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Lesson 5: Potentially Restorative Outcomes

Although reparative in nature, the following outcomes are not inherently restorative since they can be -- and have been -- used in ways that are more destructive or vindictive than reparative. However, when they are the outcome of a restorative process, they can provide important avenues for "making things right".

 

  • restitution programmes require offenders to repay those who have been harmed by their offenses, generally through monetary payments but in some cases through in-kind services to the victims
  • community service programmes require offenders to address the indirect harm to a community caused by crime by performing unpaid work that benefits the community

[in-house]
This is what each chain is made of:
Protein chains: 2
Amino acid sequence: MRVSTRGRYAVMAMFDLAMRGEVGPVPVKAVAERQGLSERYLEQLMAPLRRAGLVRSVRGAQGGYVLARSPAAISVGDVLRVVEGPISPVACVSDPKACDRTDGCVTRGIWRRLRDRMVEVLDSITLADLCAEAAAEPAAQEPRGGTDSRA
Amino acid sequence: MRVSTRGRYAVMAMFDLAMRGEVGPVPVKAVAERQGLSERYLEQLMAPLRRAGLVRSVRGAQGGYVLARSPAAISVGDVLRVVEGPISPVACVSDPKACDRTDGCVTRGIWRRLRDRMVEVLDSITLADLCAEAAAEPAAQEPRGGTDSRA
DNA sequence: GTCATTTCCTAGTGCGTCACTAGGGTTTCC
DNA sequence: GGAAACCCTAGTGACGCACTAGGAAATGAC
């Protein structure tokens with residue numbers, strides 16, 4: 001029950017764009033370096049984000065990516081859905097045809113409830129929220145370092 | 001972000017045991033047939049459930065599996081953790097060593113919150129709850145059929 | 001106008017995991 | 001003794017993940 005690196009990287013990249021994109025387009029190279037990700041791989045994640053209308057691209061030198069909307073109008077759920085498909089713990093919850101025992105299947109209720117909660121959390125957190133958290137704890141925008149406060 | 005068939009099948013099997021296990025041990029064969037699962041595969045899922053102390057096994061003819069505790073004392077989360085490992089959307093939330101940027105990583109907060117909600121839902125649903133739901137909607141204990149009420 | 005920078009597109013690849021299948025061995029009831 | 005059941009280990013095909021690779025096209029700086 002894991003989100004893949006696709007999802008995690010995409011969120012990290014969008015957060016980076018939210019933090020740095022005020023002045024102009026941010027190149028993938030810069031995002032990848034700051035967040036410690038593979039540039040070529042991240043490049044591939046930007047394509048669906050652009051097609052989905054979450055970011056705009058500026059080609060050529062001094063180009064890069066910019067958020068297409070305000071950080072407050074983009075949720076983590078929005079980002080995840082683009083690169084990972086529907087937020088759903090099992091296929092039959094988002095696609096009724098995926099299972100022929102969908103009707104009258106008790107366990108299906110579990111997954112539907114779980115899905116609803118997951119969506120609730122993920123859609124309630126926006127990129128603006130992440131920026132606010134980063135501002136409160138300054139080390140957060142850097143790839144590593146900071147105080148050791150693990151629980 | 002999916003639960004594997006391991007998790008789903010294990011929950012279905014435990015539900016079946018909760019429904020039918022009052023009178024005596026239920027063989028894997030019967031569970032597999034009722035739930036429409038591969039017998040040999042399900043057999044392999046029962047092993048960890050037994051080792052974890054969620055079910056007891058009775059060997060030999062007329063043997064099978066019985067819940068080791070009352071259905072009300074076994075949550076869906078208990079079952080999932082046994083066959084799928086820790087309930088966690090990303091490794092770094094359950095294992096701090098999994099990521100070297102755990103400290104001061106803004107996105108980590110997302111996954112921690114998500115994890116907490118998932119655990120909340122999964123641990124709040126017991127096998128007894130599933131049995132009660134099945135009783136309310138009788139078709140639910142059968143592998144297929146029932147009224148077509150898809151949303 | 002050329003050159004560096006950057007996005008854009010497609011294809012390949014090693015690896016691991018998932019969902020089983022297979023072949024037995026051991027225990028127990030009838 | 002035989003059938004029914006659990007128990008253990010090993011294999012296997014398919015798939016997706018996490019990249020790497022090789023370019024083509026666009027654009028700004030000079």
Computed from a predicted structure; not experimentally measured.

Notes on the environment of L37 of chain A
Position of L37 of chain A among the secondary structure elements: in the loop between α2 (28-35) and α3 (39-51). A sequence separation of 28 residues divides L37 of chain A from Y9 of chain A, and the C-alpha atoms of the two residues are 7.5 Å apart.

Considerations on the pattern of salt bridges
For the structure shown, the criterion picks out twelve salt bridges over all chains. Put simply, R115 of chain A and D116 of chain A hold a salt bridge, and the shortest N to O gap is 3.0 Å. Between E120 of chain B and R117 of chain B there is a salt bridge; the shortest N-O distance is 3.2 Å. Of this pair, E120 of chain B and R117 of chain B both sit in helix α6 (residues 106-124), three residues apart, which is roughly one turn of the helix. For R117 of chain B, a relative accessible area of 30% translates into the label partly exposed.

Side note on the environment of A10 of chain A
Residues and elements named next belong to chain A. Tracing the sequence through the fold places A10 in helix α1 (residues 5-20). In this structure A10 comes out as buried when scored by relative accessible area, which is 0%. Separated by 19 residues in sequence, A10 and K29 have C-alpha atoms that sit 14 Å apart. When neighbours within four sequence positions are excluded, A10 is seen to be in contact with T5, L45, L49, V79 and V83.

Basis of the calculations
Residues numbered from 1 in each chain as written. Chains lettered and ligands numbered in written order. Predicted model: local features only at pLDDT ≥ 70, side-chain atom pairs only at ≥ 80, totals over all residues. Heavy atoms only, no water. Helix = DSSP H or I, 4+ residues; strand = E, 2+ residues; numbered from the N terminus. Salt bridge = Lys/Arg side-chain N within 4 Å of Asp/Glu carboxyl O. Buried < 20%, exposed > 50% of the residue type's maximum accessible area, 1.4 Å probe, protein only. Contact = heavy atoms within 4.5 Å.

• victim compensation funds provide payment to victims by the government or another party unrelated to the offender, in an amount based on the nature and extent of the harm received   

 

Document Actions

Slide Shows

Changing Lenses
A profound metaphor for understanding justice (Howard Zehr).
 
Justice that Heals 
Talks about the wounds of crime and how to heal them.

Introductory Tutorials

20 MINUTE TUTORIAL
An introductory tutorial on the worldwide movement of restorative justice.

What is Restorative Justice?

Series of slide shows describing various aspects of restorative justice.

 

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Briefing Paper

This paper provides a  definition of restorative justice,  processes, and outcomes. The paper is available in English, French, Spanish, and Russian

Restorative Justice Learning Tool


provided by the Mennonite Central Committee. (requires flash player)